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A Gift for Don Alvaro

Thursday, October 1, 2015

When we arrived, Don Alvaro had just hosted a school group that morning. The macaws were already full of peanuts! He hosts as many as four groups per week now. He said there had been a sudden jump in requests for visits, and he's not sure why. (Could it be the magic that pervades his farm?)

I became worried that my blogposts might have been part of the reason for the uptick in attention. I'm not sure it is, but this is exposure of a kind he hasn't had before. I asked him if it was becoming too much for him. He said it wasn't a problem (yet).  But his first thought is what is best for the macaws. The modest fees he takes for hosting school and other groups go to making nest boxes, and a bigger jaguar enclosure, coming soon. He's making a road now, and a pond in a low pasture for wild birds. Beyond that flows the river where the sunbittern sings. All this, and a sunbittern hopping from rock to rock just below the finca...the magic never stops.

So thanks to your generous response to my appeal, we had a very nice gift ($1,000) for Don Alvaro, and I'd written him a letter, which Mario read and translated as he went. We all gathered in the yard while the macaws dangled and played and the great curassow hen chased Jimmy our bus driver all over the place behind us while the "ceremony" was going on. I couldn't see that happening, but my group was all stifling laughter even as they tried to be respectful and solemn. The joy kept bursting out.

 These photos by Bonnie Bowen

 Jimmy wasn't wild about having a turkey-sized bird pecking at his calves. Who would be?

 Go chase somebody else, you durn bird!

But it's YOU I want. I like your shoes.

Mario translates my letter to Don Alvaro. Goofy scarlet macaw twirls and shows off.

Dear Don Alvaro:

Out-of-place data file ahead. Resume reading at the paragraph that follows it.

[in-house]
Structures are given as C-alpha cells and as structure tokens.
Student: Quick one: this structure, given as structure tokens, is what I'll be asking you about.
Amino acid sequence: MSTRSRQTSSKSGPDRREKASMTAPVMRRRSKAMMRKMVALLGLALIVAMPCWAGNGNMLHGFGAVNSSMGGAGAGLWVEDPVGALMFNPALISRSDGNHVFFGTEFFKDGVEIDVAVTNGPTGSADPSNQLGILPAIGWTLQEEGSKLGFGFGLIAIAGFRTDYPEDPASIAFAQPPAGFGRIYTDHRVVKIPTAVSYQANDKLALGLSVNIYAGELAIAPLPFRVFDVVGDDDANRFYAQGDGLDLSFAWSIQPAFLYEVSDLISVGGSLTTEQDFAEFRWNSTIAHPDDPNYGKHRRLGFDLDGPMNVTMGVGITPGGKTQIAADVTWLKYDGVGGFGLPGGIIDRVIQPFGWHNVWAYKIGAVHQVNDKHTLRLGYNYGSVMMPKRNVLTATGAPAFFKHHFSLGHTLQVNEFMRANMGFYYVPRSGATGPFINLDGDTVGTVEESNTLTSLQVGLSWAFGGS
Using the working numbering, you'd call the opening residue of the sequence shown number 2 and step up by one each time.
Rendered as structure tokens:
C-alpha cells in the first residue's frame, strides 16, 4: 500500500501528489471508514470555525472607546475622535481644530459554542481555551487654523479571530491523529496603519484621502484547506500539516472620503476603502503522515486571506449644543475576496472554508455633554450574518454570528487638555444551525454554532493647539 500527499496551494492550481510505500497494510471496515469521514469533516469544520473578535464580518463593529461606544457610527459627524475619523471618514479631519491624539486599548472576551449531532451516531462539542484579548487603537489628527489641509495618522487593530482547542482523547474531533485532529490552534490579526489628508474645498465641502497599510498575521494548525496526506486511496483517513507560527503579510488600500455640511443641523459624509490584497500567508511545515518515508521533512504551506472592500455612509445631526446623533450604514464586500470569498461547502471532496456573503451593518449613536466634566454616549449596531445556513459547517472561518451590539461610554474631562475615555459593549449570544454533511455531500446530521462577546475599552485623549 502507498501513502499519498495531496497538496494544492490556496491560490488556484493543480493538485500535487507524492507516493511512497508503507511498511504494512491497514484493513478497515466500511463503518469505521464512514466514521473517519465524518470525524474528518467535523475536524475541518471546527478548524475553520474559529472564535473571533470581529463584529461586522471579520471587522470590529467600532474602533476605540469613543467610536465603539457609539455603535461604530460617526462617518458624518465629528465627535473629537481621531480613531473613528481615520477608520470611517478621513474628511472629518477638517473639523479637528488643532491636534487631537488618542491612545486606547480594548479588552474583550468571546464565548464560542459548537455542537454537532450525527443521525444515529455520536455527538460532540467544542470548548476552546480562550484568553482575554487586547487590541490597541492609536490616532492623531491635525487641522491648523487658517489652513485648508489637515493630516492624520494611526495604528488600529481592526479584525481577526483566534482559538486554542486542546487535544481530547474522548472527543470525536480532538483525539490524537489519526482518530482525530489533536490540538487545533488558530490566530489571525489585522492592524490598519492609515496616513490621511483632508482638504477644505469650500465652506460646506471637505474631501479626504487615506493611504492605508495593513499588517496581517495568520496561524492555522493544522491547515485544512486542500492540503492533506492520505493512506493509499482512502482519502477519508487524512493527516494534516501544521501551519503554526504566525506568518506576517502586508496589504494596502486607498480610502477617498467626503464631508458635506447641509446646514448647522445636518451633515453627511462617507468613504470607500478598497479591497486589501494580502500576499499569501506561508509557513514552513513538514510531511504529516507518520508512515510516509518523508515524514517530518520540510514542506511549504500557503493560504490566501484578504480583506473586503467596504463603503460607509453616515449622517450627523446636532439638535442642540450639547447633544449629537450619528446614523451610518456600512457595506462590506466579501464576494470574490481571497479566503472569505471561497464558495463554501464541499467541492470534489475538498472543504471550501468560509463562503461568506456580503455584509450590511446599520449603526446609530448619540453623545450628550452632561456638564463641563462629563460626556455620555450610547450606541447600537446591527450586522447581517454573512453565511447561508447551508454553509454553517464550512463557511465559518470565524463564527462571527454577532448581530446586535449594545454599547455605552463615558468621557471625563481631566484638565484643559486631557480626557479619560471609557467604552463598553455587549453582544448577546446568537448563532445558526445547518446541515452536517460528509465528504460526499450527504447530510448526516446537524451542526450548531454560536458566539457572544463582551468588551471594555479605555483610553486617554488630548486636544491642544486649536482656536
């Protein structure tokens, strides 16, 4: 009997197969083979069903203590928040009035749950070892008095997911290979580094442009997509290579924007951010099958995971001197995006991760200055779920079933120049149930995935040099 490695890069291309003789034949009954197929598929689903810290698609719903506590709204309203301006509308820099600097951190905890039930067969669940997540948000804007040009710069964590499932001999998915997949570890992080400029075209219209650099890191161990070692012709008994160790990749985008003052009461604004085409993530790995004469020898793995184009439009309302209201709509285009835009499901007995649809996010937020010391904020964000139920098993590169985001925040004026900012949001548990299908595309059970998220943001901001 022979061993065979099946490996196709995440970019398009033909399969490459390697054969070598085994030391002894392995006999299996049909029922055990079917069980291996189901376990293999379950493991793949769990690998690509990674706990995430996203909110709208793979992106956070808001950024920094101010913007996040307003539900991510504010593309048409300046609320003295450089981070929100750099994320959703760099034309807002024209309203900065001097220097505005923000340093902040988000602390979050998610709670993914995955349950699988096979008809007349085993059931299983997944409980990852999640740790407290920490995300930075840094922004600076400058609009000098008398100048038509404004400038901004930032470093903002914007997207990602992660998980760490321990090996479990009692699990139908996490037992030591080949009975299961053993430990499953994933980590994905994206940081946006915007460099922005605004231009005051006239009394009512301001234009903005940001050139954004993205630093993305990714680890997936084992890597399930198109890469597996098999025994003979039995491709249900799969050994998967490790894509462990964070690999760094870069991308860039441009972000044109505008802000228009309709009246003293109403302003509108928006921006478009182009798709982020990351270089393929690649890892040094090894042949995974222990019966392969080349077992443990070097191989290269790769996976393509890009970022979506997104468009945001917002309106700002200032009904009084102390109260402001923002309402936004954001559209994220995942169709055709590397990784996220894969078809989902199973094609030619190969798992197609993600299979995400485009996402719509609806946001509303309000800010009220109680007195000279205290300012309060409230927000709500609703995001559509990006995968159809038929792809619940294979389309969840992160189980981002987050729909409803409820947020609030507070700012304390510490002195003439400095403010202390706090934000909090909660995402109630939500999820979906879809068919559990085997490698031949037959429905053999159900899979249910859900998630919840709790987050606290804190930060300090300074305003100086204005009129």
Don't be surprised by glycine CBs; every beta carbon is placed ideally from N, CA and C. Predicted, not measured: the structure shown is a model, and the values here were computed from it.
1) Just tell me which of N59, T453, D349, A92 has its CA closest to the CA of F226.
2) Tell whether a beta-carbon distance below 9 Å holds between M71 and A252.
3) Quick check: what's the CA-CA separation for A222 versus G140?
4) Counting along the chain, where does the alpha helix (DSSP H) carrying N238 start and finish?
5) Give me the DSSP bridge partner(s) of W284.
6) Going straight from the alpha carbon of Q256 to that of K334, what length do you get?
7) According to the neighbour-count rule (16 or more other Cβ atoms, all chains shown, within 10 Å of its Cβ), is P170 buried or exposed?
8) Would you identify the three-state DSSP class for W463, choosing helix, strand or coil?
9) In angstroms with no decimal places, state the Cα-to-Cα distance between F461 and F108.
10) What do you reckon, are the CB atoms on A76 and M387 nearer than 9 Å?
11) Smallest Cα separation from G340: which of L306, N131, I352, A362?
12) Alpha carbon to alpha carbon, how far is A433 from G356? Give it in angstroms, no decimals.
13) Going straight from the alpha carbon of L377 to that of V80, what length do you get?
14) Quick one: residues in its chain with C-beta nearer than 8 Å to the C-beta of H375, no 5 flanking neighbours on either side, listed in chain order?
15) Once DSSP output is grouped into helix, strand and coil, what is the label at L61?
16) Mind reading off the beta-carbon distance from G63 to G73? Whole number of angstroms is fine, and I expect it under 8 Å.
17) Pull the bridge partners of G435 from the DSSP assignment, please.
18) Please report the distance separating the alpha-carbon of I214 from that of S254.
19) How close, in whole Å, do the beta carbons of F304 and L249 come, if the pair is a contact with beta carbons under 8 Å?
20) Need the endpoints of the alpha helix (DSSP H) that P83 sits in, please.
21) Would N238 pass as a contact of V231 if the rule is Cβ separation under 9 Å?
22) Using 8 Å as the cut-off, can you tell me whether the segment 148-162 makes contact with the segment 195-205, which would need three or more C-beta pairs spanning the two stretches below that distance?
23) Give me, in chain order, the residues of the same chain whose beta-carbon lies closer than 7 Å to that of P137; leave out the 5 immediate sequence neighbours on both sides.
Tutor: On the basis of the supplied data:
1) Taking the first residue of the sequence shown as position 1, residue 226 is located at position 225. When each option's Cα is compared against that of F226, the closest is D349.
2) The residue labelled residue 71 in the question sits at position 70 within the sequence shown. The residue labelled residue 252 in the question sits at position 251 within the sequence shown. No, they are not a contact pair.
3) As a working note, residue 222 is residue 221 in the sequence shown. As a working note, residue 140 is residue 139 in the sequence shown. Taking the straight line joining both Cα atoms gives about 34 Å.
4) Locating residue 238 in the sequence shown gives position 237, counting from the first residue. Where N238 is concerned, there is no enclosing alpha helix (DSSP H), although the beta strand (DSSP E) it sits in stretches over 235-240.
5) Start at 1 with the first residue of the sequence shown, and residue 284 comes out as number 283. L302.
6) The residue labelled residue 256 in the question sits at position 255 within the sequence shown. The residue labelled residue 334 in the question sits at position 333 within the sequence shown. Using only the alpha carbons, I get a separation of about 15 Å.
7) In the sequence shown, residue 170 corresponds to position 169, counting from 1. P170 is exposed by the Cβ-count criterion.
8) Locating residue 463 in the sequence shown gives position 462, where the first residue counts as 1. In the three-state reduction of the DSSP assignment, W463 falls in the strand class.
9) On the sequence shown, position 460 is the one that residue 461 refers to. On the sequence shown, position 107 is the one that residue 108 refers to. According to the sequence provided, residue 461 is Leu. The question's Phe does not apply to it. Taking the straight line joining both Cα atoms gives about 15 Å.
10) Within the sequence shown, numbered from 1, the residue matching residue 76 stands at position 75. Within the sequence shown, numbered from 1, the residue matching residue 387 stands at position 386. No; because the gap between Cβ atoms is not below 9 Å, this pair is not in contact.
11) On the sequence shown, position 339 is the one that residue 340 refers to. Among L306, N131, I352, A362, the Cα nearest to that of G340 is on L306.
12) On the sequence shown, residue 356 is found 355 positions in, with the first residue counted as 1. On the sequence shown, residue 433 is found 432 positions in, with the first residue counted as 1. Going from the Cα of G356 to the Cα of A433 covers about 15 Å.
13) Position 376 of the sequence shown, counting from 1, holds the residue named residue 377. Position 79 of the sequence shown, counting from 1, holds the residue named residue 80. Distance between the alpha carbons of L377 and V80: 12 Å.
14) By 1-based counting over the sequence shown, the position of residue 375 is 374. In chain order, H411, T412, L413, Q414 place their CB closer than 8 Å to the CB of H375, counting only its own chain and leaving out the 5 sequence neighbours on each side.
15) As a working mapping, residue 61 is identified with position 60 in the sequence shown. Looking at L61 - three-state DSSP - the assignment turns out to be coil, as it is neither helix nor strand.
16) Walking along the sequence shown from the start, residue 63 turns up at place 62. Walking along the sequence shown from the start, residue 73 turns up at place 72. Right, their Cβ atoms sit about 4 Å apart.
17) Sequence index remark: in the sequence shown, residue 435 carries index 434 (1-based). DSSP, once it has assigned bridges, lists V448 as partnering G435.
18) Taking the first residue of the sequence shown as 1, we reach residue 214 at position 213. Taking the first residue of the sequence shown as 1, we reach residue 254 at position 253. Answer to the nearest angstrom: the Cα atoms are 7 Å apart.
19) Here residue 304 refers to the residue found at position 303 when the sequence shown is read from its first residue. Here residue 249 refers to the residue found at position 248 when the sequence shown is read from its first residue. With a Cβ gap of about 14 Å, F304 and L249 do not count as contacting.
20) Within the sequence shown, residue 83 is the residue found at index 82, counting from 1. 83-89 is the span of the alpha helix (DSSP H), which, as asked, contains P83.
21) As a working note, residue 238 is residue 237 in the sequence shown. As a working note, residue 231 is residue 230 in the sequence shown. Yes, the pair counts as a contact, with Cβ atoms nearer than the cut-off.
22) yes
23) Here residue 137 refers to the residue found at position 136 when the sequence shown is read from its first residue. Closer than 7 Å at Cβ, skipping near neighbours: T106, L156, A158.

It is a great pleasure to see you again this year. Our group’s visit to your  beautiful sanctuary was the highlight of my trip last year. When I got home, I posted photos and a story on my blog about your work with macaws. It captured the imagination of my readers, and several of them asked if they might make a gift to you, so that you may continue to rescue macaws and return them to the sky. 

  So in January I posted some more photos of you with your macaws. And I offered to bring you a gift when I returned in February 2015. I was overwhelmed by the response from readers. You have touched their hearts.

  For 23 years, I had a macaw, named Charlie. She was a chestnut-fronted macaw, Ara severa. Although she was captive-bred and we loved each other, she was always wild at heart. I spent as much time with her as I could, but it wasn’t enough. She plucked her feathers, more every year. As the years went by I realized how wrong it is to cage a macaw. We built a special glass room for her, so she wouldn’t have to live in a cage. But that wasn’t enough, either. In my travels, whenever I would see wild parrots and macaws, it made me cry to see how happy they were in a flock, flying free. When Charlie died in 2010, I knew I would never again be able to own a parrot.